50,000 empty spaces
BY INGRID BROWN Associate editor -- special assignment firstname.lastname@example.org
EDUCATION Minister Rev Ronald Thwaites says there are approximately 50,000 unoccupied spaces in the nation's primary and high schools, despite the yearly shortages at some institutions.
"If we aggregated all of our students at the primary and secondary level and add all of our school places, we have well over 50,000 empty spaces in our schools, but they are in the wrong places," Thwaites told the Jamaica Observer weekly Monday Exchange with reporters and editors at the newspaper's head offices in Kingston.
According to Thwaites, as populations and preferences shift, some 226 of the island's primary schools average fewer than 100 students. Additionally, the minister said there were 11 schools with more teachers than students.
"Some have closed themselves and some are just closing although closing schools is a very controversial thing because you don't want to (eliminate) that element in the community; you want to see if you can put an infant school there, some HEART training or adult education to keep it going," he stressed.
The minister said if these poorly populated schools were doing well it would be excusable, but they are not.
He cited the example of Robert Lightbourne High School in St Thomas, which, despite being built to accommodate 800 students, has fewer than half that number.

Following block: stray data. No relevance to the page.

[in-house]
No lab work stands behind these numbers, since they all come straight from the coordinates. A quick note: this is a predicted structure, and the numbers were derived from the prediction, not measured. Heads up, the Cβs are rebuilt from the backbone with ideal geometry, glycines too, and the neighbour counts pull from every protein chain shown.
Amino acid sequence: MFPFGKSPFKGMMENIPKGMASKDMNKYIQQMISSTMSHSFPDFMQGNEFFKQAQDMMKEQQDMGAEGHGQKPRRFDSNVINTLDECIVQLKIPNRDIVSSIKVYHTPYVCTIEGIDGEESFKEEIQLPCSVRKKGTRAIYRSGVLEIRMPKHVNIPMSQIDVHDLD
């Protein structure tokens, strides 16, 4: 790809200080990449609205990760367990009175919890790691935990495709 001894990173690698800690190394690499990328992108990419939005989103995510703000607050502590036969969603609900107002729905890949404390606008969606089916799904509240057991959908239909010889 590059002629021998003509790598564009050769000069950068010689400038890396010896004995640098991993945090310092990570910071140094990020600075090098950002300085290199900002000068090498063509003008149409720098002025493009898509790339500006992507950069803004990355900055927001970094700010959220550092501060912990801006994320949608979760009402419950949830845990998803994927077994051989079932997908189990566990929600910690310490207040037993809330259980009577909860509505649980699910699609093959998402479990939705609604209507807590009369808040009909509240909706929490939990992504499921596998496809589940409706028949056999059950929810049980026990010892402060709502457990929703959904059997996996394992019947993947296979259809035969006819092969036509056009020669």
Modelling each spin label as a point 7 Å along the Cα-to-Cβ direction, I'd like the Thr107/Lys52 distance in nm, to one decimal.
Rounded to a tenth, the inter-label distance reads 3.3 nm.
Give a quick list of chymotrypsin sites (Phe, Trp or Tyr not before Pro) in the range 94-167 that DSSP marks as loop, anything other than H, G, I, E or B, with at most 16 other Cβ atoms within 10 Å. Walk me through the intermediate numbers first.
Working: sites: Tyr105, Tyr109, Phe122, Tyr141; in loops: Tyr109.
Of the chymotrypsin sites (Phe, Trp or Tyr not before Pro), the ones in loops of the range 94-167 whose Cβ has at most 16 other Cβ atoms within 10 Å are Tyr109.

"They have [fewer] than 200 students and the teacher-student ratio is one teacher to eight students. But six miles down the road, at Seaforth High, they are running a triple-shift school," he said.
Meanwhile, as students get ready for the start of the new academic year in September, the education minister said there is a shortage of furniture for some schools, but that steps are being taken to address the problem in time for the beginning of school.
"We are short of furniture but we are putting out some orders this week and there is a lot of stock that people have been fabricating and have ready for us to buy," Thwaites said.
However, the minister said the plan is to ensure that every student has, as far as possible, a desk and a chair for the opening of the new school year.
He noted that going forward, the schools will have to take better care of the furniture.
"The pile of furniture you see behind most schools, we have to stop that," he said, explaining that a repair programme is in place to fix more than 10,000 units this summer.
"We have to get them to the technical schools or to the private fabricators and fix them and principals, teachers and boards have to be far more conscious of the value of school furnishing than we have been in the past," he said.
Outside of government having to find millions of dollars each year to source school furniture, Thwaites said they receive some assistance from Food for the Poor and a diaspora foundation in England.
"We are glad for everything we can get, but I am (somewhat ashamed) because I wish we could handle ourselves without having to go abroad to ask for charity from American churchgoers and English philanthropists," he said.
Meanwhile, Thwaites said some 30 schools are to be taken off the shift system this year. There are also plans to spread the extended day system to several schools across the island.
Another means of addressing the space issue has been the construction of additional classrooms at schools such as Balaclava, Titchfield, Edith Dalton James, Holy Trinity, Herbert Morrison Aabuthnott Gallimore, and Tacius Golding high schools.
And although Jamaica's Charter of Rights only provides for infant and primary school education, Thwaites said it is a big deal that 97 per cent of the cohort entering grade seven this year has a five-year place.